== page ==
Green Tip #5 ~ Efficient Clothes Washer.
If you think about how long it would take to wash clothes by hand then you will appreciate how hard your washer needs to work and now the next question should be how efficient should it be?
When buying a washer there are two specifications you should look at, the amount of electricity it uses and the amount of water the machine uses. To help you gauge the difference between each appliance there are two rating systems:
- EnergyStar helps you decide by rating the washer for you, to qualify as an Energy Star washer it needs to have a Modified Energy Factor (MEF) of 2.0 or greater and a Water Factor (WF) of 6.0 or lower. (1/1/2011).
- The Super Efficient Home Appliances Initiative by the Consortium for Energy Efficiency (CEE) a nation, non-profit public benefits corporation has a tiered group rating for the washers energy and water use. The higher the tier group, the more efficient the machine. See chart below.
Why Do We Need These Rating Systems?
Today’s average American family does almost 400 loads of laundry a year. Using Energy Star washer’s families can cut their related energy costs by about a third and waterby about half.
Clothes washer technology has seen dramatic improvements in efficiency and functionality in recent years. Full-sized washers that have earned the ENERGY STAR use 10–20 gallons of water per load, compared to the 30–35 gallons used by a standard machine. Energy Star washers come in both top load and front load. The Energy Star top load models use different types of washing action than the older models to save energy. Both top load and front load use such features as water temperature sensors, repeated high pressure spraying rinse cycles and faster spin speeds to reduce drying time and in all save on energy and water usage.
If you are using a washer more than 10 years old then you are paying over $135 more each year on your utility bill than you would be if using an Energy Star qualified washer.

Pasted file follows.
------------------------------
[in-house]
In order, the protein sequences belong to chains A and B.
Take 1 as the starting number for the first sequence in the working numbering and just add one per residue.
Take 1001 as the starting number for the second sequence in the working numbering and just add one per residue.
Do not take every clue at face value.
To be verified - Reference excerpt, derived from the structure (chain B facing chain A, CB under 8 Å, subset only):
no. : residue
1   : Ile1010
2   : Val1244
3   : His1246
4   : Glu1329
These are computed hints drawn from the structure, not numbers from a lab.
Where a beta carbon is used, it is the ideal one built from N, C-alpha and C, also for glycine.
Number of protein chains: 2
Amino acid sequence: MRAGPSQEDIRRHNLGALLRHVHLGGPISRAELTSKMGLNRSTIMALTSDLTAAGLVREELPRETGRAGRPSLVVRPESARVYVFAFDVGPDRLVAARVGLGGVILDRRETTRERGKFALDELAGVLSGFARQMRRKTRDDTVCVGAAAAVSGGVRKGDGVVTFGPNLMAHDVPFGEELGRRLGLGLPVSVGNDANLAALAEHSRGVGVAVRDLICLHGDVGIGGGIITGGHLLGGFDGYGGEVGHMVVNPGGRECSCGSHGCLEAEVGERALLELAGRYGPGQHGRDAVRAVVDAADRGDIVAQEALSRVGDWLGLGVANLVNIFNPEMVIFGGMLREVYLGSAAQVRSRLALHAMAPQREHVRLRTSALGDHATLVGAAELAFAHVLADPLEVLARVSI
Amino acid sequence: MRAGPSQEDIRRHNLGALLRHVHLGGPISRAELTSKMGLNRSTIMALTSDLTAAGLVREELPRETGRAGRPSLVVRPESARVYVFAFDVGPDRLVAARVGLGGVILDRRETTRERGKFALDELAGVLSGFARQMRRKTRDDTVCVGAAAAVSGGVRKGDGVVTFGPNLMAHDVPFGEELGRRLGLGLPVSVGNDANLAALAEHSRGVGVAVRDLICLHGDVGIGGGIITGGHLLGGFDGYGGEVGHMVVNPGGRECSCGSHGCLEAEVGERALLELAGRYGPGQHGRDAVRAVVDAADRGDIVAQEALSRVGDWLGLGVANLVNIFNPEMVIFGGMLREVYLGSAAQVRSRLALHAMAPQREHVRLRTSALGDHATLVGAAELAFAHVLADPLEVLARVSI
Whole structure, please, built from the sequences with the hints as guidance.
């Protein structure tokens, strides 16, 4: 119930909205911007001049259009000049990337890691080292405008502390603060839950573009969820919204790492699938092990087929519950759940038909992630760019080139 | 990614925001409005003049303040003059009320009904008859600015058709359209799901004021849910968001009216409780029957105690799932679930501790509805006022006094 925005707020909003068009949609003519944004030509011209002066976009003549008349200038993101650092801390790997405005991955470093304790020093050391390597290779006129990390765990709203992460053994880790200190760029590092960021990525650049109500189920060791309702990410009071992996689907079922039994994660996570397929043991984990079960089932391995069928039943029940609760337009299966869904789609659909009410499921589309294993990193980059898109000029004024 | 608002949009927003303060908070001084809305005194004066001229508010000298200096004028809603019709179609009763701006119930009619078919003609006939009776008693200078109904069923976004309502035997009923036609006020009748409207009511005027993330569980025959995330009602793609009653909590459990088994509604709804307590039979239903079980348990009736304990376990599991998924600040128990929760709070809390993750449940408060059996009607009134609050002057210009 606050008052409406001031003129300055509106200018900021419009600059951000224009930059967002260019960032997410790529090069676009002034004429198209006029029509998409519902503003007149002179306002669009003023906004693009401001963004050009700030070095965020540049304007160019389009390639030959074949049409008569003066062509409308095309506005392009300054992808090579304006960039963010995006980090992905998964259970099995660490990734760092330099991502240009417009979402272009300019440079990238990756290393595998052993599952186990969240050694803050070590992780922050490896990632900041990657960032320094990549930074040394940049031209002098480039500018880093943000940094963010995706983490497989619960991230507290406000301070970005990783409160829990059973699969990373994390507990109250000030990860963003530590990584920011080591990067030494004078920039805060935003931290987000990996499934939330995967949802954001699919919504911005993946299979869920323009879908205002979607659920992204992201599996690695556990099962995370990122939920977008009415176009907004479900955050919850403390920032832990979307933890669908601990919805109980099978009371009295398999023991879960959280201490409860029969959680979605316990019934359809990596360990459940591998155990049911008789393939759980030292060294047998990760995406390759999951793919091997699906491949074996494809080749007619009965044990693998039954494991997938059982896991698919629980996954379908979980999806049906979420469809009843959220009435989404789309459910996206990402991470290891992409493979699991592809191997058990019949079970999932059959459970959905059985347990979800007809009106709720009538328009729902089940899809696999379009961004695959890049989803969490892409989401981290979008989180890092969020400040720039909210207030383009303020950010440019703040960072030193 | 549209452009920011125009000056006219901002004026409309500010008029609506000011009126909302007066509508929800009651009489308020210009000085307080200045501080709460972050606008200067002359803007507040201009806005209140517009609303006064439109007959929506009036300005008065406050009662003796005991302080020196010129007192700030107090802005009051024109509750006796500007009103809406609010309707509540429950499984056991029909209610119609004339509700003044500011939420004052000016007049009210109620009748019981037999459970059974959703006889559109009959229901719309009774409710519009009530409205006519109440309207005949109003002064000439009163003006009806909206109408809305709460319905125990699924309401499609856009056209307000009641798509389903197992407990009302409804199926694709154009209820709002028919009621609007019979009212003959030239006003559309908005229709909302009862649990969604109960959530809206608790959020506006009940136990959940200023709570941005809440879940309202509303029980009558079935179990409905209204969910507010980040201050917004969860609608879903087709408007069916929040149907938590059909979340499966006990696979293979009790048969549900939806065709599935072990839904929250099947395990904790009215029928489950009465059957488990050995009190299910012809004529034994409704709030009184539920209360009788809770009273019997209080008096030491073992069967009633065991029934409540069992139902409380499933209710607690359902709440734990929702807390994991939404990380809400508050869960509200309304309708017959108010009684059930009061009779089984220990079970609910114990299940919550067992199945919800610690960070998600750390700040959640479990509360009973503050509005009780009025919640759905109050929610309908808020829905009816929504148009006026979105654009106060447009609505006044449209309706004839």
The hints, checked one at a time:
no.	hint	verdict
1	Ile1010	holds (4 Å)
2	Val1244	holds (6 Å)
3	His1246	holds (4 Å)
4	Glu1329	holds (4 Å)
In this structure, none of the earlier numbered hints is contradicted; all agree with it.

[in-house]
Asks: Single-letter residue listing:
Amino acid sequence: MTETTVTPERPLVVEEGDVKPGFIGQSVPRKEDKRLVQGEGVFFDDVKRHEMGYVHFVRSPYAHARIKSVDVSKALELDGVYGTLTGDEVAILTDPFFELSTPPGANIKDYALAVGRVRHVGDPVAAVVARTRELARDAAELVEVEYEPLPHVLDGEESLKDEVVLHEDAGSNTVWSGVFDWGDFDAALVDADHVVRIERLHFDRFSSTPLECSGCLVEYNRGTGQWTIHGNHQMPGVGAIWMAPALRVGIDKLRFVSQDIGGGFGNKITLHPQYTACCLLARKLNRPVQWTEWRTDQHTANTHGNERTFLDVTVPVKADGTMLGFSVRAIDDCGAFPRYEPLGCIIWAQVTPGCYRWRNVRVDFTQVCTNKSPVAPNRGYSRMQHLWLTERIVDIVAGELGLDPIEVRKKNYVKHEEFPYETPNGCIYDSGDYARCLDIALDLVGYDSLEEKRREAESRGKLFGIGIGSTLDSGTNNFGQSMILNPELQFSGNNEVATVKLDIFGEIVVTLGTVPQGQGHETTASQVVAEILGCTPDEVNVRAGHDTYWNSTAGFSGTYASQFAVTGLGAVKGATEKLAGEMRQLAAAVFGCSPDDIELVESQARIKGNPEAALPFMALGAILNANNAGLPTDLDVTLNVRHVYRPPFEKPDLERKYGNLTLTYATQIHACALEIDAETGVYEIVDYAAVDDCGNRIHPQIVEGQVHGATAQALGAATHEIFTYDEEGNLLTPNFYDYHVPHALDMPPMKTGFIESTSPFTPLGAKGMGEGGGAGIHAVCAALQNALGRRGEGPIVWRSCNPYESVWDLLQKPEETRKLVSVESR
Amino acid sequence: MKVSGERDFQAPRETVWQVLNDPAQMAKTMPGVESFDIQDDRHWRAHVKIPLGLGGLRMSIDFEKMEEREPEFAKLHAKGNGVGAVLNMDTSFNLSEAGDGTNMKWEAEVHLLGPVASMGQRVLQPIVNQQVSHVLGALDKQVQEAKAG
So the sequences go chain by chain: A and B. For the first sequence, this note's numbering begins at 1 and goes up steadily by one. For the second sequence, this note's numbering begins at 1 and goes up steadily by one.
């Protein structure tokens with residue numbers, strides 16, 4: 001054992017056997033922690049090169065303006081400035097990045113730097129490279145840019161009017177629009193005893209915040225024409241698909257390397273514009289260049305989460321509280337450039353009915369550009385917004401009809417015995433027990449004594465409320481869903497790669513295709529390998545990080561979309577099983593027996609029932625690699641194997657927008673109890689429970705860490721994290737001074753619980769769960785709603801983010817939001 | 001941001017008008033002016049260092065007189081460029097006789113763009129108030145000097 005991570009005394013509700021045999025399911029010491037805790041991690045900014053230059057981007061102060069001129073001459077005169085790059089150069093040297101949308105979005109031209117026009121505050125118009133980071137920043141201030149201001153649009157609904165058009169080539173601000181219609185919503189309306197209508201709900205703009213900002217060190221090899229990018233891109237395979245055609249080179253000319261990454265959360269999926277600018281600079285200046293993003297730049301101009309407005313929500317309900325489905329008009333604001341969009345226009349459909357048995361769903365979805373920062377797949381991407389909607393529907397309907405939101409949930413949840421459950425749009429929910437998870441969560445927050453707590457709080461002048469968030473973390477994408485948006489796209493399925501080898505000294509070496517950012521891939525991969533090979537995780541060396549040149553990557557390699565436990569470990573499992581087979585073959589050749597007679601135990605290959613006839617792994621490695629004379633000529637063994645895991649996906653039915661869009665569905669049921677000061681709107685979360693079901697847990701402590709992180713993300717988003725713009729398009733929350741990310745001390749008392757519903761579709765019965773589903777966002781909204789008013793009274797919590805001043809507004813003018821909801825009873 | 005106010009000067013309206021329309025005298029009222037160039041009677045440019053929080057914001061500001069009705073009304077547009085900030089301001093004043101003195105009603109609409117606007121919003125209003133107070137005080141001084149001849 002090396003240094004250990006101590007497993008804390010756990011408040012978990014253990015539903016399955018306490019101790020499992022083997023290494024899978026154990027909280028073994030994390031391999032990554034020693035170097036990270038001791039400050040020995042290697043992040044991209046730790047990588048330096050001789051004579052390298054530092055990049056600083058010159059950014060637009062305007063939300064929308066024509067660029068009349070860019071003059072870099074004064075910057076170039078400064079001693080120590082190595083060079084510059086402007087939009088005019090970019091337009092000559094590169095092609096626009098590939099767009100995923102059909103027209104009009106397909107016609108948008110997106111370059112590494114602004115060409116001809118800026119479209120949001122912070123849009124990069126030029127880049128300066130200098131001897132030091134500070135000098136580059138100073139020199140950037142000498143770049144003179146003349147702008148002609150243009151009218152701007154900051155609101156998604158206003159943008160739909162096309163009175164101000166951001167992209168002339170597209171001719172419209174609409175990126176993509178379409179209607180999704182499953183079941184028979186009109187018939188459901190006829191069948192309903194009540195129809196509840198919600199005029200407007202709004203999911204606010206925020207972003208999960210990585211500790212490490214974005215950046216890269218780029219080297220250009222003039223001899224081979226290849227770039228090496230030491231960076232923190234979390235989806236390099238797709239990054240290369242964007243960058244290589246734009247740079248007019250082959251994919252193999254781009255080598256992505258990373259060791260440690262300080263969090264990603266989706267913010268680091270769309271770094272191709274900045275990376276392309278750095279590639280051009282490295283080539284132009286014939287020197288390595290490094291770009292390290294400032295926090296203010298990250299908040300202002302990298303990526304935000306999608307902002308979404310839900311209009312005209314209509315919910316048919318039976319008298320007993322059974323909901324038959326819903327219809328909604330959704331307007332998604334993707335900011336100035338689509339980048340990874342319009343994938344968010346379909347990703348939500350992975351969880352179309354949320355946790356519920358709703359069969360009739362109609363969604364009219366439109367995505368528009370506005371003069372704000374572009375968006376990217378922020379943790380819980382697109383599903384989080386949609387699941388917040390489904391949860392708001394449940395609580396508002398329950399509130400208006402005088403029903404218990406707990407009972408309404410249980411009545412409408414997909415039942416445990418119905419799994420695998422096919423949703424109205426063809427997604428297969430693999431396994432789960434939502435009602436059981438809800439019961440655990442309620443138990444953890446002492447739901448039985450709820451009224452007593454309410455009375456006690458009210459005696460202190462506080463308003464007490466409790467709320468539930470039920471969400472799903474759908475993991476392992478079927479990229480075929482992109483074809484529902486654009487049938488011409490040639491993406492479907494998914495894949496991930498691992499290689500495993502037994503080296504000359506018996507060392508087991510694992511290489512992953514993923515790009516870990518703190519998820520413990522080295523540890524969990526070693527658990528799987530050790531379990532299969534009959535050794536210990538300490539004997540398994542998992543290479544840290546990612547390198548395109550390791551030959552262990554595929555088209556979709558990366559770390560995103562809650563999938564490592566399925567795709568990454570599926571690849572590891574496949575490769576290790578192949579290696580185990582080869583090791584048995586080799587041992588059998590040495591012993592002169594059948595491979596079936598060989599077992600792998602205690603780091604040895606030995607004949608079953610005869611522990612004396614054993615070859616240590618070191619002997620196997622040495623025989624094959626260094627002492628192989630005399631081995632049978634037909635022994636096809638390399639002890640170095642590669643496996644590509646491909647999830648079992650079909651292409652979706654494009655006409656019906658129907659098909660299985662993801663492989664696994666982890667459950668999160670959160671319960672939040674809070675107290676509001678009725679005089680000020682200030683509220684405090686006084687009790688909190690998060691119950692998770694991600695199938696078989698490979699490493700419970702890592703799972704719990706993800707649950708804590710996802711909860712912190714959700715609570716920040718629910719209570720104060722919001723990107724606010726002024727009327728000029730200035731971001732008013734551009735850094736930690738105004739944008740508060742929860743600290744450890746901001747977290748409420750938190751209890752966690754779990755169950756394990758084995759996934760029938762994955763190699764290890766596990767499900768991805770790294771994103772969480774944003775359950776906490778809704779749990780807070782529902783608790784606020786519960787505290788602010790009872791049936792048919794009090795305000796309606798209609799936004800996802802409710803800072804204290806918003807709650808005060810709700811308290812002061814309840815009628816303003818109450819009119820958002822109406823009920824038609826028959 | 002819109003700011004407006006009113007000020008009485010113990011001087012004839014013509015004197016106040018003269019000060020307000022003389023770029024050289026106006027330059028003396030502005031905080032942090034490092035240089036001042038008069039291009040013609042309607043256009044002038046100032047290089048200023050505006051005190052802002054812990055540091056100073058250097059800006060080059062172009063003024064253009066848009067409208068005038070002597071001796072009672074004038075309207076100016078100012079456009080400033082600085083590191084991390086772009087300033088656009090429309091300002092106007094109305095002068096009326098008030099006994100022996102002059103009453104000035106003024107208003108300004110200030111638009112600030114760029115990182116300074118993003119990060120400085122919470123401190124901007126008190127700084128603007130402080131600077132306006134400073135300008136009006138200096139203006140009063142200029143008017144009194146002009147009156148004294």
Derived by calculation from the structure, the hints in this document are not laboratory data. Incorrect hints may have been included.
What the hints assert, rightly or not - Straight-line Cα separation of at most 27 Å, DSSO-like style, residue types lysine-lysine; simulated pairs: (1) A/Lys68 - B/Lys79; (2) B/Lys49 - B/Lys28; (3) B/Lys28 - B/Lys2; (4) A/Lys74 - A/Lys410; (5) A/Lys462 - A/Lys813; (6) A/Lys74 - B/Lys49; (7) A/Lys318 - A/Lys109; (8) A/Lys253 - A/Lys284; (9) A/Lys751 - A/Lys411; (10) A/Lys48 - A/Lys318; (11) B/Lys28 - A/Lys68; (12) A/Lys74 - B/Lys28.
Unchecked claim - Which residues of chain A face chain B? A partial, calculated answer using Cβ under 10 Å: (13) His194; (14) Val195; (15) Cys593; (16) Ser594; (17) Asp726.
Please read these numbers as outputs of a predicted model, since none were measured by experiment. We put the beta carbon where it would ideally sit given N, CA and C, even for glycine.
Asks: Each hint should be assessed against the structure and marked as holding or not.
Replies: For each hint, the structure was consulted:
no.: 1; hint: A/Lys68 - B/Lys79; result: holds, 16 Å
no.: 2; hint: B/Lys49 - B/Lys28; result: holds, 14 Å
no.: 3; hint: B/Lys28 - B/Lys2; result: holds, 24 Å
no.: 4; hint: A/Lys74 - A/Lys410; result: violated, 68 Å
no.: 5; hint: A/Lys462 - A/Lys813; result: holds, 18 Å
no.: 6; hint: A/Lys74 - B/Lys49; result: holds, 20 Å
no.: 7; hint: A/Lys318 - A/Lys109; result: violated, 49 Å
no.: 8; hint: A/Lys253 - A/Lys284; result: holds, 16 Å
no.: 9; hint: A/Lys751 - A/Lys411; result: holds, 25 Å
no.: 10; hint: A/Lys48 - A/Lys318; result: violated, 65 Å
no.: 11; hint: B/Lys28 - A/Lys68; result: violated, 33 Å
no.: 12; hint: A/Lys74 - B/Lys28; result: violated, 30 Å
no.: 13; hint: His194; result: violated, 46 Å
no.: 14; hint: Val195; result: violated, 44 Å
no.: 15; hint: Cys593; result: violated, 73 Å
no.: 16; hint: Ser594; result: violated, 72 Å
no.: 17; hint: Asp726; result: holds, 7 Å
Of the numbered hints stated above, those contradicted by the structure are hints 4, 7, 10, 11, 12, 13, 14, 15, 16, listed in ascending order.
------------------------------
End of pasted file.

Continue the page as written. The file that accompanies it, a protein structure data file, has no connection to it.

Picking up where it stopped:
The new wash system technology gently flips and spins clothes and thus lengthens the life of the often washed items.
Without the bulky agitator in older models there is more usable space in the washer for laundry, which means fewer loads to wash.
If every clothes washer purchased in the U.S. this year earned the ENERGY STAR, we would save 540 million kWh of electricity, 20 billion gallons of water, and 1.4 trillion BTUs of natural gas every year, resulting in energy bill savings of about $250 million, every year.
Note* ~ For both models, check to see if you need to use special detergent. Low-water washers use special low-suds detergent for best results. Check owner’s manual for recommendations on detergent use.
Green Tip #4 Green Tip #4, Seal & Insulate Attic Doors.
Green Tip #3 LED’s @ $10 in Connecticut.
Green Tip #2 Seal Your Leaky Ducts Now with AEROSEAL, UL-listed.
Green Tip #1 Numbers Do Not Lie, Green Building = Saved $$$.
David Popoff is a certified 'Green' Realtor in Darien, Connecticut. A life time resident of Fairfield County he has worked throughout lower Fairfield County and now resides in Darien, Ct since 2004.
- Member of the Connecticut Association of Realtors, CAR.
- Member of the National Association of Realtors, NAR.
- David Popoff is an accredited LEED Accredited Professional (LEED AP) Homes and USGBC member of the Connecticut chapter (CTGBC).
- Associate member and an accredited Certified Green Professional (CGP) of National Association of Home Builders (NAHB) and the local chapter HBRA-Fairfield County, Ct. .
- Contact David Popoff for all your real estate needs in Darien, New Canaan, Rowayton and other parts of Connecticut.